2. EXPORT subsidies: the subsidization of a particular product that is exported, or exports in general, by the government as a means of assisting the country's balance of payments.
  3. EMPLOYMENT subsidies: the subsidization of wages by the government as an incentive to businesses to provide more job opportunities, thereby reducing the level of unemployment in the economy INCOME subsidies: the subsidization of persons through government transfer payment systems (for example, social security benefits) in order to allow them to enjoy some minimum standard of living.

Subsidies encourage increased output of favoured products but distort domestic RESOURCE ALLOCATION processes in general and can adversely affect international trade. See REDISTRIBUTION-OFINCOME PRINCIPLE OF TAXATION, PROTECTIONISM, CROSS-SUBSIDIZATION.

See also BOSTON MATRIX.

subsidy

Benefits granted to persons or groups in order to encourage behavior or outcomes deemed important to society. Rent subsidies encourage construction of adequate affordable housing because the owner can be ensured of an income stream as long as the housing meets government requirements.The same subsidy encourages better consumer choices because of the availability of affordable alternatives. Tax credits to contractors for energy-efficient construction are subsidies to encourage the use of energy-efficient alternatives.

References in periodicals archive ?
43363 in the State Aid Register on the competition website once any confidentiality issues have been resolved.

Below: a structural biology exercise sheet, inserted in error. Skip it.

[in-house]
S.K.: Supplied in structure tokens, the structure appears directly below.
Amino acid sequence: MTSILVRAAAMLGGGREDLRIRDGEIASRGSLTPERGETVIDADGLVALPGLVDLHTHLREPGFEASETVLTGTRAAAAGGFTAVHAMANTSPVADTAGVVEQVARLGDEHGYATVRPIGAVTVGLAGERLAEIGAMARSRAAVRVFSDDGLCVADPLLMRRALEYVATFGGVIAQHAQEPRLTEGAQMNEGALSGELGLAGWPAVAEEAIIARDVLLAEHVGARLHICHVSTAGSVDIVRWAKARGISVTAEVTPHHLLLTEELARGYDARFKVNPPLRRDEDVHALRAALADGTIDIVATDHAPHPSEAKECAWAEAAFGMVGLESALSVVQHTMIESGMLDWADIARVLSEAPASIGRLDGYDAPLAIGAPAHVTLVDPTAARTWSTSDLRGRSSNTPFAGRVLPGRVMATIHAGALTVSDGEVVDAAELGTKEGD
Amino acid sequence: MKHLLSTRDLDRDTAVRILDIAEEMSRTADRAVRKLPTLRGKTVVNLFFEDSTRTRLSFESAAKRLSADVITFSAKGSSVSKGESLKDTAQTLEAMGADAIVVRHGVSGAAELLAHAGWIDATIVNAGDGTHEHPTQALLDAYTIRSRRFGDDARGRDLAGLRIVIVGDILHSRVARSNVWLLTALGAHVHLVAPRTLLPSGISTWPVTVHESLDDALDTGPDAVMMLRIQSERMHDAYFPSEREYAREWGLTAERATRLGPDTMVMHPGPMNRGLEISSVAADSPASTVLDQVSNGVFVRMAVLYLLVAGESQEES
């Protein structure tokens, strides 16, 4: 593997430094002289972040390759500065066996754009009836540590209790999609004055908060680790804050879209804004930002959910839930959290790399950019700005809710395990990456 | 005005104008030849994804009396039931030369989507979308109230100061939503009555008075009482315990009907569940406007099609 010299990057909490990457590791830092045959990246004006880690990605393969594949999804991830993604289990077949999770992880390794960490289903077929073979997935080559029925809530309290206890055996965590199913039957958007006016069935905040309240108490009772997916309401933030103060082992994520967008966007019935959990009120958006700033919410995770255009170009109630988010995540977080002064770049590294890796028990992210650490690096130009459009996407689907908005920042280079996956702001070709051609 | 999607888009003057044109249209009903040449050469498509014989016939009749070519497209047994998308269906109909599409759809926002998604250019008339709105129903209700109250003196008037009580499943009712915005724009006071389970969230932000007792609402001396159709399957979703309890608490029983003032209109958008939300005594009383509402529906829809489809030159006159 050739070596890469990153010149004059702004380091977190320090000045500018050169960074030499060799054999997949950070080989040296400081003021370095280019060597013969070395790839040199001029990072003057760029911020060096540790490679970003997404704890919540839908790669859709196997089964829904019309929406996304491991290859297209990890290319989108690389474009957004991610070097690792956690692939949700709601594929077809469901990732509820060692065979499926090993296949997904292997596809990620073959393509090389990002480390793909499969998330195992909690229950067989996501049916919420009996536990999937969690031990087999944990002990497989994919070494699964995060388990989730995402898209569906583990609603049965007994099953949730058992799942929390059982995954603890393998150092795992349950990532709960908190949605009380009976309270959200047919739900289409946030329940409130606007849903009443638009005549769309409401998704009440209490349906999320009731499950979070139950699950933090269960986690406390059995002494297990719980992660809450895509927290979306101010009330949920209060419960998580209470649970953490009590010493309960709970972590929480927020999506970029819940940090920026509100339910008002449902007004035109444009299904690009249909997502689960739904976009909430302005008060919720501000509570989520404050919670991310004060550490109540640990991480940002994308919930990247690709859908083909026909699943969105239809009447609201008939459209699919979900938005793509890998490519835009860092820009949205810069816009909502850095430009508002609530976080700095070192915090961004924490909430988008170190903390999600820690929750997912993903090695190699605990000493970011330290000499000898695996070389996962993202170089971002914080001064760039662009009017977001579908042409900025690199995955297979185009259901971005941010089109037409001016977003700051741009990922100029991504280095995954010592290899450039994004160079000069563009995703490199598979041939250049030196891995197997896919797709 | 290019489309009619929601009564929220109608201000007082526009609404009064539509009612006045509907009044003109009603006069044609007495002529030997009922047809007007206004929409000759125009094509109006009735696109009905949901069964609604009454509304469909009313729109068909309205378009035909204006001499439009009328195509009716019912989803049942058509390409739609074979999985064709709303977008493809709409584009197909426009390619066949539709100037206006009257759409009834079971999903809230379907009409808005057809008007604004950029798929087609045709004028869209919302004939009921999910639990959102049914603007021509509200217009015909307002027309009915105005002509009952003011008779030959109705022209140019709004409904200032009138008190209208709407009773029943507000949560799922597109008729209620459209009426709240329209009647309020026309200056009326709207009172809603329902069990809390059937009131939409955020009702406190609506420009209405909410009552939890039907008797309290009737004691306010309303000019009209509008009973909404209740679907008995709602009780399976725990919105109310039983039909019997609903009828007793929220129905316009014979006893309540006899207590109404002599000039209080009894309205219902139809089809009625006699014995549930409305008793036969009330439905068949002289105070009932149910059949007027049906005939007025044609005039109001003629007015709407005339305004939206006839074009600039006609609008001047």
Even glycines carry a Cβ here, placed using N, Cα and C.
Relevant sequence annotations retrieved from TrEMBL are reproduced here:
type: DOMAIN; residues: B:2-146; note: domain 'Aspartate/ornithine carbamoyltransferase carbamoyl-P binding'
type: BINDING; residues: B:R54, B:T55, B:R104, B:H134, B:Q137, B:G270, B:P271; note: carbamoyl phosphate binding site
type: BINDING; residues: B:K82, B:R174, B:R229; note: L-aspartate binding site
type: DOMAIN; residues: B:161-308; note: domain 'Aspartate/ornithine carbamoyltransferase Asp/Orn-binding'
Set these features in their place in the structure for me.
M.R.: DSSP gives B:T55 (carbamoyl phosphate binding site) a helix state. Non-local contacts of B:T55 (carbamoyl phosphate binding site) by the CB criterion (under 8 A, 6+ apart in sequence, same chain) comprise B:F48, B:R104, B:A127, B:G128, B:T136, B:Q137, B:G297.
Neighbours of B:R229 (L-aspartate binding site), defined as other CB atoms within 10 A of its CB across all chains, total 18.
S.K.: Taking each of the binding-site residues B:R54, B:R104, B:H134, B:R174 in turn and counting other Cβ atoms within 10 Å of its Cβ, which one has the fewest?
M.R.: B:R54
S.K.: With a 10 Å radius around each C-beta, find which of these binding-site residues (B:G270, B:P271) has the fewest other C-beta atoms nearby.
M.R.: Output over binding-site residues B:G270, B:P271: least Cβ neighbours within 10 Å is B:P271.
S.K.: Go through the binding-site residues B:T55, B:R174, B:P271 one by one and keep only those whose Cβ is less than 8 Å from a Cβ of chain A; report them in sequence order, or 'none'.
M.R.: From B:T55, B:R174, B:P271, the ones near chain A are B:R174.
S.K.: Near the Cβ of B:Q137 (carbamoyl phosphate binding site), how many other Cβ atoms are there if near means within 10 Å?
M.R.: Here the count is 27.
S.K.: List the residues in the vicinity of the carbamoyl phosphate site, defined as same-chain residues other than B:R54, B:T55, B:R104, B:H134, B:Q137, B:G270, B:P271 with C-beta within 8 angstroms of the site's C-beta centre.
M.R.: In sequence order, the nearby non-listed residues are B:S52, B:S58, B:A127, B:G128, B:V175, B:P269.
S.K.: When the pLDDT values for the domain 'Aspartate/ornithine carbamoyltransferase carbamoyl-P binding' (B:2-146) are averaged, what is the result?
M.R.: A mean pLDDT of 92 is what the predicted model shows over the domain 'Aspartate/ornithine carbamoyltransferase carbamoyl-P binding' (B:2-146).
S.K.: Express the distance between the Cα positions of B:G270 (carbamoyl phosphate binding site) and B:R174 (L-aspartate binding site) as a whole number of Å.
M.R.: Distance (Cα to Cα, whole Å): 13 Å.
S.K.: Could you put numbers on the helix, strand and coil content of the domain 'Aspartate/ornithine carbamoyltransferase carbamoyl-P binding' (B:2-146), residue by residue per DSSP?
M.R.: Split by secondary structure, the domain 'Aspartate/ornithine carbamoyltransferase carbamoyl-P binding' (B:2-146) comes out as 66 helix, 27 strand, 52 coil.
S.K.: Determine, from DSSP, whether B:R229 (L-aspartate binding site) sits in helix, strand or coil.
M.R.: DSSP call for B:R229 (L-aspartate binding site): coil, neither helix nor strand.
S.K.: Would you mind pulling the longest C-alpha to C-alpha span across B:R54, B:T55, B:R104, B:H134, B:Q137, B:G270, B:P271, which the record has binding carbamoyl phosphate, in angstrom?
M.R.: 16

In essence, the arguments raised in order to justify this state aid could apply to any other large-scale power project as well.
Now we have a new framework for state aid, meaning essentially every rule that every public body has worked to for the last decade has changed subtly and must therefore be reviewed carefully.
We will use this period to demonstrate how the project meets state aid rules and provides good value for consumers while cutting carbon in the energy sector.
Ms Caiach added that the council's chief executive Mark James had assured her that a legal opinion existed from 2007 explaining why Carmarthenshire County Council was exempt from EU state aid law in this regard, but that he had so far not supplied her with details of it.
It is technically true that if state aid to municipalities is combined with state aid to school districts, the two groups "in the aggregate" do indeed receive more state funding in this new budget.
A Commission statement said: "The Commission's assessment of these measures found that the state funding to enable the sale of the deposit book provided a state aid to Bradford & Bingley and to its retail deposit business that was sold.
Some local governments appear to have responded to this strain by increasing property taxes: "In almost half the states, real state aid per capita fell from 2002 to 2004, and real property tax collections per capita increased over the same period, with only a few exceptions," the paper says.
Wagner added, "I urge city officials to comply with applicable pension laws and with our audit recommendations to return the improperly received state aid to the commonwealth.
What's being discussed in Brussels includes many agricultural state aid issues," said Franco Castelfranchi, chairman of the European Federation of Thoroughbred Breeders' Associations.
In accordance with the European Union (EU) guidelines for state aid in the agriculture sector, EC noted that aids for investments with eligible expenses in excess of 25 million euros (approximately $30 million) must be specifically notified and approved by the commission.
THE EUROPEAN Commission has launched an in-depth inquiry into whether the Czech Republic paid illegal state aid to Czech steel producer Trinecke ?